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1099-T and 1098-T

My wife and I file jointly, and she is the Recipient of a 1099-Q for funds we received/used to pay our non-dependent son's graduate school expenses in 2023, and I want to know how to enter the 1099-Q, issued to my wife and how to enter the 1098-T, issued to our son, for the purpose of solely calculating our tax liability (if any) and not for the purpose of determining any education tax credits. Thank you in advance

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2 Replies
Expert Alumni

1099-T and 1098-T

First do the math. The 1099-Q distribution amount minus room and board expenses. Then subtract out the tuition. Is there anything left? You don't mention  the 1098-T and box 5 scholarships and any restrictions on them. You may have more moving parts than you realize. 


See Qualified Education Expenses - IRS to reduce your 1099-Q. If the 1099-Q is not taxable, do not enter it.


IRS Publication 970, Tax Benefits for Education states:

If the entire 1099-Q went to qualified expenses, room and board, tuition, etc then you do not need to enter the form. Tuition paid for the first 3 months of the next year also qualify, see page 12, What Expenses Qualify, and page 52 for qualified distributions.


Page 45  repeats: Don't report tax-free distributions (including qualifying rollovers) on your tax return.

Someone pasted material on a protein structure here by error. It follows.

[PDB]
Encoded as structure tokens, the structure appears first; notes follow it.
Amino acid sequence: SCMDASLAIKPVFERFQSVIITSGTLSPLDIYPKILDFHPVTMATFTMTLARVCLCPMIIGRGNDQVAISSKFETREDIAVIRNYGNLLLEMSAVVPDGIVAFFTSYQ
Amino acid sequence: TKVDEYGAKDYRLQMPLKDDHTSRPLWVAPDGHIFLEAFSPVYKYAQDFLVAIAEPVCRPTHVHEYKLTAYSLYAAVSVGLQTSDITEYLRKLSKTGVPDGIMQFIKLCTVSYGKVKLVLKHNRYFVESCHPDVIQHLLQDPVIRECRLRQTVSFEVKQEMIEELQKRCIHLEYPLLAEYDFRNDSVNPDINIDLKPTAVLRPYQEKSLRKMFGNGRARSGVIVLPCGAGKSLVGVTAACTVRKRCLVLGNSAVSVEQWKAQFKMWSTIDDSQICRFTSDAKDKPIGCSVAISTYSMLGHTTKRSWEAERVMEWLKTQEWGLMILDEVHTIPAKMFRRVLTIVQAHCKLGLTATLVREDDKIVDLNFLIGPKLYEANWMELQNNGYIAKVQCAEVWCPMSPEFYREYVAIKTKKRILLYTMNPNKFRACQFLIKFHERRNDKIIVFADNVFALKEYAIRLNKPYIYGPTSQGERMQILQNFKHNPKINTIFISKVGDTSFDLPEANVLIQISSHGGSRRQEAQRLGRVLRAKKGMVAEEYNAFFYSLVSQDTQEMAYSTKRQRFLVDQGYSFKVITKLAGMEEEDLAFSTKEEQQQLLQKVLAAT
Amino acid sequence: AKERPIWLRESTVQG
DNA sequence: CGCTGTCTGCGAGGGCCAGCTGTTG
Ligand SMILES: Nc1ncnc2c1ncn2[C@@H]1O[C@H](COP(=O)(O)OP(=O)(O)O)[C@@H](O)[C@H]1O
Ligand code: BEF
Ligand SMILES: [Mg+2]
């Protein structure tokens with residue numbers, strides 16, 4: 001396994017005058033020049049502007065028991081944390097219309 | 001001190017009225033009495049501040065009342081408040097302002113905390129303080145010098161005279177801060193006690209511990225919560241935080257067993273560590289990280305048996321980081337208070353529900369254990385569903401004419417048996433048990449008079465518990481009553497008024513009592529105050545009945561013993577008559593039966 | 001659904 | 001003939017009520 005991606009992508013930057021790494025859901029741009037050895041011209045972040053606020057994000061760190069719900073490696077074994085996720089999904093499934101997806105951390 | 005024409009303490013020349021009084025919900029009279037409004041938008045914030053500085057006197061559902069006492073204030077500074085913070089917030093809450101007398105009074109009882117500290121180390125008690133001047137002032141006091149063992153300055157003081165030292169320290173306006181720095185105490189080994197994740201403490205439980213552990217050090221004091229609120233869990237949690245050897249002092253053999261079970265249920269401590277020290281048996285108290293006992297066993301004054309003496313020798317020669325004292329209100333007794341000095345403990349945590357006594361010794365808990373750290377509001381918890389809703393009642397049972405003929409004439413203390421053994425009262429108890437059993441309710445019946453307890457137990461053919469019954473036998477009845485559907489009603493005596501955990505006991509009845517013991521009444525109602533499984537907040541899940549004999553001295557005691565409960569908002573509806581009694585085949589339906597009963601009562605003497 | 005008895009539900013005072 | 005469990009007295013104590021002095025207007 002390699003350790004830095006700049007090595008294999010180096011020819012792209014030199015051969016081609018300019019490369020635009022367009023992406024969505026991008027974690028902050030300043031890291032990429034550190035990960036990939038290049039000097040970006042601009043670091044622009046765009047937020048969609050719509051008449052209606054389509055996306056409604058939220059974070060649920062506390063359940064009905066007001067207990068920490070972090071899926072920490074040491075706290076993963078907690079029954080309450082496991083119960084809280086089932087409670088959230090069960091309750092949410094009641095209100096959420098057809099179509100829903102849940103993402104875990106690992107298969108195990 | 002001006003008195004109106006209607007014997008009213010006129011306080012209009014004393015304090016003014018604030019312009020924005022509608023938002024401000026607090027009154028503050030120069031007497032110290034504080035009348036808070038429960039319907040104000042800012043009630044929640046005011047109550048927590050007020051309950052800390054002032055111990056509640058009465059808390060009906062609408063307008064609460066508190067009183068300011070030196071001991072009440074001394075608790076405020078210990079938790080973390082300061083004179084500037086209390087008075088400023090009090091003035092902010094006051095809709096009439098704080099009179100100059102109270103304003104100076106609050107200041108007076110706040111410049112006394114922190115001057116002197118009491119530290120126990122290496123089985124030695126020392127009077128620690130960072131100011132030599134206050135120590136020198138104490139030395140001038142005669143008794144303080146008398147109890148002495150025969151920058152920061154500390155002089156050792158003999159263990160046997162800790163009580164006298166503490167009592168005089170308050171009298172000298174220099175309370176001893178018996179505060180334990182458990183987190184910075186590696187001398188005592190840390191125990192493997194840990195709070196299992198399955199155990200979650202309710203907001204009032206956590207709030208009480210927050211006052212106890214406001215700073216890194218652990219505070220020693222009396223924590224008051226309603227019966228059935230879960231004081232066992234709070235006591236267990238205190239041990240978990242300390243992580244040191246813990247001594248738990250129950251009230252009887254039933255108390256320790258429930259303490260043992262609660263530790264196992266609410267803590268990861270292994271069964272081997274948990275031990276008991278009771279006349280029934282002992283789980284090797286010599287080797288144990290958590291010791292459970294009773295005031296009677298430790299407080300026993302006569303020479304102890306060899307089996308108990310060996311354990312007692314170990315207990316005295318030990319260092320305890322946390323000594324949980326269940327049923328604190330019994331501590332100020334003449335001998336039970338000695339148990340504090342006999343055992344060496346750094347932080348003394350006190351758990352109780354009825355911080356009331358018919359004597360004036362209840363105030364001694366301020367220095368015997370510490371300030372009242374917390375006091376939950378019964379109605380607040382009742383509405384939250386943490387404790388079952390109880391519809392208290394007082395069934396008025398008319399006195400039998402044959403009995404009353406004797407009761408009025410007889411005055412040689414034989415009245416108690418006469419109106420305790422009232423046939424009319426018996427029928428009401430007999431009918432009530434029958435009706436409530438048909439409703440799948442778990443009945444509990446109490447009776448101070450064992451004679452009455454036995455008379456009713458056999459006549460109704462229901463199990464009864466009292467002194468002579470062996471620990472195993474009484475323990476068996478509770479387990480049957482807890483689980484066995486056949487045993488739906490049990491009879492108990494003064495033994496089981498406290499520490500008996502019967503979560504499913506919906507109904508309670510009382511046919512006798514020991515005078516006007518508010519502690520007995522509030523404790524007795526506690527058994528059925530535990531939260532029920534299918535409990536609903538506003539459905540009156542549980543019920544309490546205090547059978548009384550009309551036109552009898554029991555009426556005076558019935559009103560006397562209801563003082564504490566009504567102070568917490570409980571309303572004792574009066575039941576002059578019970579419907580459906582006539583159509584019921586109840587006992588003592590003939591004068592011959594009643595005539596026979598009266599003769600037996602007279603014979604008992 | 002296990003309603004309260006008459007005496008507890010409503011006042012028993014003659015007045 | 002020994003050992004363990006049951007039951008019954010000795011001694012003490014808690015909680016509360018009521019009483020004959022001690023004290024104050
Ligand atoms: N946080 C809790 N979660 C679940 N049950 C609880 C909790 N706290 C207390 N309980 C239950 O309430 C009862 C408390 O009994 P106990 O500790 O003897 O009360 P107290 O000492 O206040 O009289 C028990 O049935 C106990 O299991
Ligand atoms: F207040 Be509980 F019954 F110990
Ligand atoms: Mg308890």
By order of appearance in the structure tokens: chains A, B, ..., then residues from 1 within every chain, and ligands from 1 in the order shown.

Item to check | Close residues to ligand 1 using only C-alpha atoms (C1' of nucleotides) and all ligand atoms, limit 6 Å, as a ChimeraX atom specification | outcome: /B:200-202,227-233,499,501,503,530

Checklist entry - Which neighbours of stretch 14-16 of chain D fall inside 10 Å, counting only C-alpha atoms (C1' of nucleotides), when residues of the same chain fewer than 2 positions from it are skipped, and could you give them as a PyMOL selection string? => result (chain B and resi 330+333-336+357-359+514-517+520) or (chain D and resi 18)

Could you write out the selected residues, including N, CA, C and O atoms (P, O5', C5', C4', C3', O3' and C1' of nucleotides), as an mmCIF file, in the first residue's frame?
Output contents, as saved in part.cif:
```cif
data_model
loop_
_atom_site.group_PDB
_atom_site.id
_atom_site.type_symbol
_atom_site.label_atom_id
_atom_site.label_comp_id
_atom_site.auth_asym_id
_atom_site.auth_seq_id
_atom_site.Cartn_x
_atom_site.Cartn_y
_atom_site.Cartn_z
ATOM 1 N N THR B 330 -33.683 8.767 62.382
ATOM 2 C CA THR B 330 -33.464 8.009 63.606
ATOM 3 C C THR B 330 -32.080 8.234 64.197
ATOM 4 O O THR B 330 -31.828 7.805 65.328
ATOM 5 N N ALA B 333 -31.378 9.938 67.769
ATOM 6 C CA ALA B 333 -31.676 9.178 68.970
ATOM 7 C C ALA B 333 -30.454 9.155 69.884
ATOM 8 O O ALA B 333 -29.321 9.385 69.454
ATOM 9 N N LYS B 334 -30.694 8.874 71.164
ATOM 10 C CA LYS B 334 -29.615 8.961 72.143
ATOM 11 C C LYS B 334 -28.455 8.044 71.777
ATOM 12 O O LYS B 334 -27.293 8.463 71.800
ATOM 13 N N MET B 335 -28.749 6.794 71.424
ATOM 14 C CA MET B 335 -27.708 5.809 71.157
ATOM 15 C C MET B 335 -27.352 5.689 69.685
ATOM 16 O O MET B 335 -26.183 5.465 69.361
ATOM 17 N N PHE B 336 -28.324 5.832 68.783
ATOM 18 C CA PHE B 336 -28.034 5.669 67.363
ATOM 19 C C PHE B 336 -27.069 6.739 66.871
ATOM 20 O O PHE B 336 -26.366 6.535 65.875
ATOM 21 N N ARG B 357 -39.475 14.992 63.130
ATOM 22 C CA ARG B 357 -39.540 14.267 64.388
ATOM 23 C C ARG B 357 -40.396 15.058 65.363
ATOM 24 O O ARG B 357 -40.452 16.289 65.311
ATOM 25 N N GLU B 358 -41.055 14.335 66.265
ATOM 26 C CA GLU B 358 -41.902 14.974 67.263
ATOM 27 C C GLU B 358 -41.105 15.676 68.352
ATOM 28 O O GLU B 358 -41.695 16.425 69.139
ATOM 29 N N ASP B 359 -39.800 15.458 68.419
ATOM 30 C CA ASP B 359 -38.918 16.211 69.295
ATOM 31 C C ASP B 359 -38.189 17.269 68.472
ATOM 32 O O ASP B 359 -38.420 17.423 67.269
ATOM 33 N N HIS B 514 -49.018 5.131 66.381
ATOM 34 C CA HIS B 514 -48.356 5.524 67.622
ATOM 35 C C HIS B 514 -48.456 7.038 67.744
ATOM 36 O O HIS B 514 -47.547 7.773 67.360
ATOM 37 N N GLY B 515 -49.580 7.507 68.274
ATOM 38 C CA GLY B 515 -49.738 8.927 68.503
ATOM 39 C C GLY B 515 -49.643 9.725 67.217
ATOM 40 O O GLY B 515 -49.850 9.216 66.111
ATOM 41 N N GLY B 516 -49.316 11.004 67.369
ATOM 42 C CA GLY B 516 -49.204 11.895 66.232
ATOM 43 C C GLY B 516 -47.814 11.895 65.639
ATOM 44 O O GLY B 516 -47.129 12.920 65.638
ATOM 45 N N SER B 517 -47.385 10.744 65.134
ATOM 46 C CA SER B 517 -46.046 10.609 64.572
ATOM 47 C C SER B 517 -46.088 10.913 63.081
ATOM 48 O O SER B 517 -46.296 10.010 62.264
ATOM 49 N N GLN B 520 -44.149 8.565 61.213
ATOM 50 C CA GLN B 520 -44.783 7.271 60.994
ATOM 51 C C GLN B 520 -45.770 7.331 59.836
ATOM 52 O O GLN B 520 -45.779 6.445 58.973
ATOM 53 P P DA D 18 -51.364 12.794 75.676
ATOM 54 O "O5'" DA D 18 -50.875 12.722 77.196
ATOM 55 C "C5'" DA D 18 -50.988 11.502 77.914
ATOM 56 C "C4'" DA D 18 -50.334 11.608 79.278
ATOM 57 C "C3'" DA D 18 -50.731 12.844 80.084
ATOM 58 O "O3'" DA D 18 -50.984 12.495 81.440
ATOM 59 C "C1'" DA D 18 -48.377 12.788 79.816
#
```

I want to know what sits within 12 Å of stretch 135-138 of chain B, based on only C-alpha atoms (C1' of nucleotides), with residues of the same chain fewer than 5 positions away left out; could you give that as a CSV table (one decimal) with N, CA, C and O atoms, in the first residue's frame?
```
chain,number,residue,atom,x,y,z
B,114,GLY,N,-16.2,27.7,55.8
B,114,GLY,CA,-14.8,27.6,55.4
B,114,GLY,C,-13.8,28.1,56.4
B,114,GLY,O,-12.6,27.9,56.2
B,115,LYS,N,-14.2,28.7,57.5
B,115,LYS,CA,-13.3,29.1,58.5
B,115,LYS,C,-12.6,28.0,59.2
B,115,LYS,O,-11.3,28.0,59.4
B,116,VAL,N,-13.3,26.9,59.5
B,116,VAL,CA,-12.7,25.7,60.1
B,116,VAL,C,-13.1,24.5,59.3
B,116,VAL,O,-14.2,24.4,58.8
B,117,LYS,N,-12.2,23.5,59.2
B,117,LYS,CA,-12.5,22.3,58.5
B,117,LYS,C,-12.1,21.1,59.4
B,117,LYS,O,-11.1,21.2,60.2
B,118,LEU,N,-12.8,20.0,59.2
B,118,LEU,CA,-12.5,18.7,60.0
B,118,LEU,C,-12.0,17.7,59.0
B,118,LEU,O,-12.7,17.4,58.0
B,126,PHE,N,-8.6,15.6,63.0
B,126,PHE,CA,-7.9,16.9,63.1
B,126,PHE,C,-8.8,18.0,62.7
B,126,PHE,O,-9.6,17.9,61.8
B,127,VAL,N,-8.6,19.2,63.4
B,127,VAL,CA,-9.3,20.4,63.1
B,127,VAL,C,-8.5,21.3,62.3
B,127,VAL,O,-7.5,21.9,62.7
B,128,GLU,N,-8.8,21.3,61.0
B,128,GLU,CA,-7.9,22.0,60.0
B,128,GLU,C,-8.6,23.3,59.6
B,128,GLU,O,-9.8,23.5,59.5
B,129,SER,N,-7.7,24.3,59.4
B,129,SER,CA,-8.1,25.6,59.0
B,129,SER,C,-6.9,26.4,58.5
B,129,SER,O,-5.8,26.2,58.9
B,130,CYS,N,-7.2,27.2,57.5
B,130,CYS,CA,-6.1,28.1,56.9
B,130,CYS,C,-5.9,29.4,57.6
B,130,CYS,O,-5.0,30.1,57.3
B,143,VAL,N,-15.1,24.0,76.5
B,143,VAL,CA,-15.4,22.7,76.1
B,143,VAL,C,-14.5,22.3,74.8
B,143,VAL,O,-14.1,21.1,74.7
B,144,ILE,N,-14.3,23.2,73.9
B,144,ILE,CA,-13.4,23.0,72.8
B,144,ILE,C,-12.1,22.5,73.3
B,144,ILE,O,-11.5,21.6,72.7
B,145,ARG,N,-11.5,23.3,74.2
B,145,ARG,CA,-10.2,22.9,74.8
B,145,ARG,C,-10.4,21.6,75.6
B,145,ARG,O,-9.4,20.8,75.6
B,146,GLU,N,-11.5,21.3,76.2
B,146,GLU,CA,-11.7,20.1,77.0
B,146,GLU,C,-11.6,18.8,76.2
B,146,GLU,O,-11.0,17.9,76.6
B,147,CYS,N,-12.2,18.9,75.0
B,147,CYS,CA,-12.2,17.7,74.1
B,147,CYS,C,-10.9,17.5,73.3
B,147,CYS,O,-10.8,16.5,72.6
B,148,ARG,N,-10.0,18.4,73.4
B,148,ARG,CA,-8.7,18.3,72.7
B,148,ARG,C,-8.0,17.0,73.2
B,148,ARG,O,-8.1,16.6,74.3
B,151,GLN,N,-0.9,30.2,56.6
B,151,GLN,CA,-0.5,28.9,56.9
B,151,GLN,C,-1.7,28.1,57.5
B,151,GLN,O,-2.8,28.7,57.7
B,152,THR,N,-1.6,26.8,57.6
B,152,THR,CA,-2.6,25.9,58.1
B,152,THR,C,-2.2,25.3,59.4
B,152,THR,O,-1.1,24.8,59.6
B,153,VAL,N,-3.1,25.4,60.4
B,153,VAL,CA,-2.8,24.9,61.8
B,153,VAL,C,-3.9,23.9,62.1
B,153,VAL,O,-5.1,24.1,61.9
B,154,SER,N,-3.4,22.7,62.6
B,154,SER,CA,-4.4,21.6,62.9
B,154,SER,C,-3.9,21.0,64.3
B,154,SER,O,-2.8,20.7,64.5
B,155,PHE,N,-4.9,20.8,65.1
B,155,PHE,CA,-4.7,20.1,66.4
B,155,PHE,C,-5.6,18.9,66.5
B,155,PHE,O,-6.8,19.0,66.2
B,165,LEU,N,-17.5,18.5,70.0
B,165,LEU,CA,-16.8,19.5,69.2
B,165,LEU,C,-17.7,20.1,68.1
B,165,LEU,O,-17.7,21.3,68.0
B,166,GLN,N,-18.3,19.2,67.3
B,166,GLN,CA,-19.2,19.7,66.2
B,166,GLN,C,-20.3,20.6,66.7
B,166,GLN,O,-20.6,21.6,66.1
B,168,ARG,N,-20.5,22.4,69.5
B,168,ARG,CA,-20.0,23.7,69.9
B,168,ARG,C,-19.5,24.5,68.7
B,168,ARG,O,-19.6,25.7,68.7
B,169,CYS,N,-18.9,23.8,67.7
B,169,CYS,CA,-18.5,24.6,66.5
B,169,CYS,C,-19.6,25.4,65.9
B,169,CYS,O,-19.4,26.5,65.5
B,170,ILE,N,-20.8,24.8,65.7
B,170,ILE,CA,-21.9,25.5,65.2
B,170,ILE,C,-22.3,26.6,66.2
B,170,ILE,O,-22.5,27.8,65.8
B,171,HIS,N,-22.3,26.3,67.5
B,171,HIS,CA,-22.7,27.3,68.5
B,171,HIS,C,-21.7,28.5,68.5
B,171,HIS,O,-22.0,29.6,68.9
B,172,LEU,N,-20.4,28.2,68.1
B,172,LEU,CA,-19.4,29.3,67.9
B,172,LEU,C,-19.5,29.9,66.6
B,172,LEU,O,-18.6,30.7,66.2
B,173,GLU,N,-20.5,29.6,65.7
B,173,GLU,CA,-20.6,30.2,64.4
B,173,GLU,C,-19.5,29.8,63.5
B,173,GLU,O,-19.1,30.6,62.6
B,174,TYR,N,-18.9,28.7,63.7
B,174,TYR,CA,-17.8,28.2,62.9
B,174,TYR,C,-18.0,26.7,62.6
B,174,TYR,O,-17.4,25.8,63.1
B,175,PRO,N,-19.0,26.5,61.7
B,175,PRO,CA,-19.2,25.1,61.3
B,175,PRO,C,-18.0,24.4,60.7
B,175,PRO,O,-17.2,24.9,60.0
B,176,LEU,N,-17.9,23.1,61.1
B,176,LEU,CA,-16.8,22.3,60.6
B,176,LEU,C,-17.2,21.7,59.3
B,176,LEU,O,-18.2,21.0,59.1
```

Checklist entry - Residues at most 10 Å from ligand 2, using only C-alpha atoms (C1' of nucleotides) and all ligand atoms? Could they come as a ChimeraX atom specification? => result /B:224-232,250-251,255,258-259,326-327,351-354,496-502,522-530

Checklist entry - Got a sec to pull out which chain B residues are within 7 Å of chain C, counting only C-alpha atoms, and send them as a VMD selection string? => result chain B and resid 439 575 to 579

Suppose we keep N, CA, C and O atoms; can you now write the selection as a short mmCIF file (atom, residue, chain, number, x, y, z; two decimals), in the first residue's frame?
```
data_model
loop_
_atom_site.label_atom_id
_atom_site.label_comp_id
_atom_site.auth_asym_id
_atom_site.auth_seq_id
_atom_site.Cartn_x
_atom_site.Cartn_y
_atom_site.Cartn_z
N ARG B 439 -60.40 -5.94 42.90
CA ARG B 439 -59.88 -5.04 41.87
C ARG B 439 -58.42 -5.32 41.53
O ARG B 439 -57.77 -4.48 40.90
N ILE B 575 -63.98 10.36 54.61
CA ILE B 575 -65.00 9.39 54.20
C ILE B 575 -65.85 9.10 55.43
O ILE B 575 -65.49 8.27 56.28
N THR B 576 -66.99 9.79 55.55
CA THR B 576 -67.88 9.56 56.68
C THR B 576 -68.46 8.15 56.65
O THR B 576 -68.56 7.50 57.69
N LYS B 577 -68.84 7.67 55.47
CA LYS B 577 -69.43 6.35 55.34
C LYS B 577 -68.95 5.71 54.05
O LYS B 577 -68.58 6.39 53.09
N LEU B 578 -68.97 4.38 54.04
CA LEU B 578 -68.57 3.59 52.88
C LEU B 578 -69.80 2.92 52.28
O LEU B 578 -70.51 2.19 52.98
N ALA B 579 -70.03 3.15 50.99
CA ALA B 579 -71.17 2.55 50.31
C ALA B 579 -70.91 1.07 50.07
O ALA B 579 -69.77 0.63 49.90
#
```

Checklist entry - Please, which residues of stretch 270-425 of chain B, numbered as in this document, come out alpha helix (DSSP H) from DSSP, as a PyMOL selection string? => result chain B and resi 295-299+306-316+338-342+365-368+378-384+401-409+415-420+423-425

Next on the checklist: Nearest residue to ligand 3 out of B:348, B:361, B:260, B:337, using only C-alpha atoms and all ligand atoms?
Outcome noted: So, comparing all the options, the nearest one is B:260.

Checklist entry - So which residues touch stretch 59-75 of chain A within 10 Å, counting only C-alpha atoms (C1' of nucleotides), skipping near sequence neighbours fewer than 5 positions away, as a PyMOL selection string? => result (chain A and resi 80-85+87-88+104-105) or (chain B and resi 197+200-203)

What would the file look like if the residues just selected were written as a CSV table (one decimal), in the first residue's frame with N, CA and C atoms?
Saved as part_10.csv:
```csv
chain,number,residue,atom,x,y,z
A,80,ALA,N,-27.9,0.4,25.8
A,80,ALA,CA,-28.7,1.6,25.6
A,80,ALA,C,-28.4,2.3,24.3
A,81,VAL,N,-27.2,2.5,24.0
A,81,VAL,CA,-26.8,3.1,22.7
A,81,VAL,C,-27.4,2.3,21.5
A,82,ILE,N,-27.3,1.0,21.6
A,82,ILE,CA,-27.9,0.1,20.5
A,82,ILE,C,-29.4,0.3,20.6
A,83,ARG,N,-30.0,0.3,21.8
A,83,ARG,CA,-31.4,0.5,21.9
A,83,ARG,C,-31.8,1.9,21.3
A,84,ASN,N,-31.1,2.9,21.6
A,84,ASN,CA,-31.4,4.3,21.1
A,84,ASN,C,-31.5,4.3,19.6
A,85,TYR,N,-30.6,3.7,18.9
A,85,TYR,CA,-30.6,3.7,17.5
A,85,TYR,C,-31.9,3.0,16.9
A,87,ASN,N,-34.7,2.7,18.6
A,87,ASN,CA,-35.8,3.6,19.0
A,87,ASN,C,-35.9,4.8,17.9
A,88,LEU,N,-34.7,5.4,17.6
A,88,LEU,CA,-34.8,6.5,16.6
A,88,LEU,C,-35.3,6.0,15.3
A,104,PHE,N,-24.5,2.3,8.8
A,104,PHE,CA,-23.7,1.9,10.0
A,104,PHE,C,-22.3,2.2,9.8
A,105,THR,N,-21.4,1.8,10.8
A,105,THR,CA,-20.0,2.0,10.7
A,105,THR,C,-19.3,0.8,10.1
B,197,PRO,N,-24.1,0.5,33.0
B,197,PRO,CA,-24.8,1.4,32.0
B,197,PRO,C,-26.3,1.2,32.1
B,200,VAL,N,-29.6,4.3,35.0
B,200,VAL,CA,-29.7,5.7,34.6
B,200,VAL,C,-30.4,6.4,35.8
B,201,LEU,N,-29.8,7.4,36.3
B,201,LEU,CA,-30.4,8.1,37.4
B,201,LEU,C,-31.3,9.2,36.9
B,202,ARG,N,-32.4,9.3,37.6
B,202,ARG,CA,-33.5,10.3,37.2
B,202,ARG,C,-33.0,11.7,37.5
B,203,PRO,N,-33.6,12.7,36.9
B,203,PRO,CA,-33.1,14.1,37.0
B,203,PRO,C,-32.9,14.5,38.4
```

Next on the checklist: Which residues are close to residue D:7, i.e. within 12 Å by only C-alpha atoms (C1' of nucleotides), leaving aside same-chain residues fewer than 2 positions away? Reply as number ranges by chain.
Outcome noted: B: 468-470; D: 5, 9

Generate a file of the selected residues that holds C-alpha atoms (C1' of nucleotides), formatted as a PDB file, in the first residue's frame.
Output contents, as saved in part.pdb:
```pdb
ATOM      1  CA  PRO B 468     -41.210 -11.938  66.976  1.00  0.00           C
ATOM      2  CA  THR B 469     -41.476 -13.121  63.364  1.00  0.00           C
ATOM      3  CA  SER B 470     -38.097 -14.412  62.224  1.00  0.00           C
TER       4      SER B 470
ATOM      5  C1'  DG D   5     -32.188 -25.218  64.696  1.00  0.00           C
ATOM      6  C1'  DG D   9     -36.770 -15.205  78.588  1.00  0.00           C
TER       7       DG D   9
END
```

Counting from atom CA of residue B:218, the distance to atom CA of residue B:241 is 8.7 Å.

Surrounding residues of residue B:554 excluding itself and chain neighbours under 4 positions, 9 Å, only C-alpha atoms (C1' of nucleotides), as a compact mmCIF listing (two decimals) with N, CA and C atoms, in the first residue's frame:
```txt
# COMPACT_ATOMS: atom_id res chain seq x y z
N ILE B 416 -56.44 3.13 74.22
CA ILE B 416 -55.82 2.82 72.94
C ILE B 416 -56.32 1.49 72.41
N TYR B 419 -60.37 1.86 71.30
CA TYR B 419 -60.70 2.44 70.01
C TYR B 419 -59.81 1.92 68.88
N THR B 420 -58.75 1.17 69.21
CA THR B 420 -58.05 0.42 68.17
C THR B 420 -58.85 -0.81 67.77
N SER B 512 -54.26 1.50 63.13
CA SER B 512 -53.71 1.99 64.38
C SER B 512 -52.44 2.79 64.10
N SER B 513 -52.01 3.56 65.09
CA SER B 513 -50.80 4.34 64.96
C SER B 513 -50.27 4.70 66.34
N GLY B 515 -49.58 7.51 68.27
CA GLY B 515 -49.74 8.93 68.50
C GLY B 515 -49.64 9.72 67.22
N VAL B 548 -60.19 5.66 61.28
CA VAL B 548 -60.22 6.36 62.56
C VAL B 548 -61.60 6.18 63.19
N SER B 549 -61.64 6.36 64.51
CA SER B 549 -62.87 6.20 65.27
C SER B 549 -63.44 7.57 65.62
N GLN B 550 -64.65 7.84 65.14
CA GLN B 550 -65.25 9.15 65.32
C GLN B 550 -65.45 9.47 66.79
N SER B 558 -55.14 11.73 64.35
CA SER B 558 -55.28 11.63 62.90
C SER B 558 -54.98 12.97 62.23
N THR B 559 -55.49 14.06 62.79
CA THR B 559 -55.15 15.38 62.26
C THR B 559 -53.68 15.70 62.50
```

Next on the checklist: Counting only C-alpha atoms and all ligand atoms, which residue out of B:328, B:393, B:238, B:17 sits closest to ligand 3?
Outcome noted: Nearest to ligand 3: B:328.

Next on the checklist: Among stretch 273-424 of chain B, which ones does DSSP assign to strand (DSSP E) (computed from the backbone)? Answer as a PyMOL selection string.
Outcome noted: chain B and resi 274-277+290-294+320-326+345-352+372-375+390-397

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Level 15

1099-T and 1098-T

You need to coordinate with the student-beneficiary to see how much of the expenses he is going to use to claim the tuition credit and how much is being allocated to any scholarships. Then you do the math to see if there is enough expenses left over  to cover the 1099-Q. If yes, then just don't enter the 1099-Q.  If no, you need to decide how to allocate the available expenses. For example it may be better for the student to declare some of his scholarship taxable rather than you paying tax on the distribution. 

If you're not fully covered, reply back.

Provide the following info for more specific help:

  • Box 1 of the 1098-T
  • box 5 of the 1098-T
  • Any other scholarships not shown in box 5
  • Does box 5 include any of the 529/ESA plan payments (it should not)
  • Is any of the Scholarship restricted; i.e. it must be used for tuition
  • Box 1 of the 1099-Q
  • Box 2 of the 1099-Q
  • Who’s name and SS# are on the 1099-Q, parent or student (who’s the “recipient”)?
  • Room & board paid. If student lives off campus, what is school's R&B on campus charge. If he lives at home, the school’s R&B “allowance for cost of attendance” for student living with parents.
  • Other qualified expenses not included in box 1 of the 1098-T, e.g. books & computers
  • How much taxable income does the student have, from what sources
  • Is the student trying to claim the tuition credit?
  • Is the student an undergrad or grad student?
  • Is the student a degree candidate attending school half time or more?


Qualified Tuition Plans  (QTP 529 Plans) Distributions

General Discussion

It’s complicated.

For 529 plans, there is an “owner” (usually the parent), and a “beneficiary” (usually the student dependent). The "recipient" of the distribution can be either the owner or the beneficiary depending on who the money was sent to. When the money goes directly from the Qualified Tuition Plan (QTP) to the school, the student is the "recipient". The distribution will be reported on IRS form 1099-Q.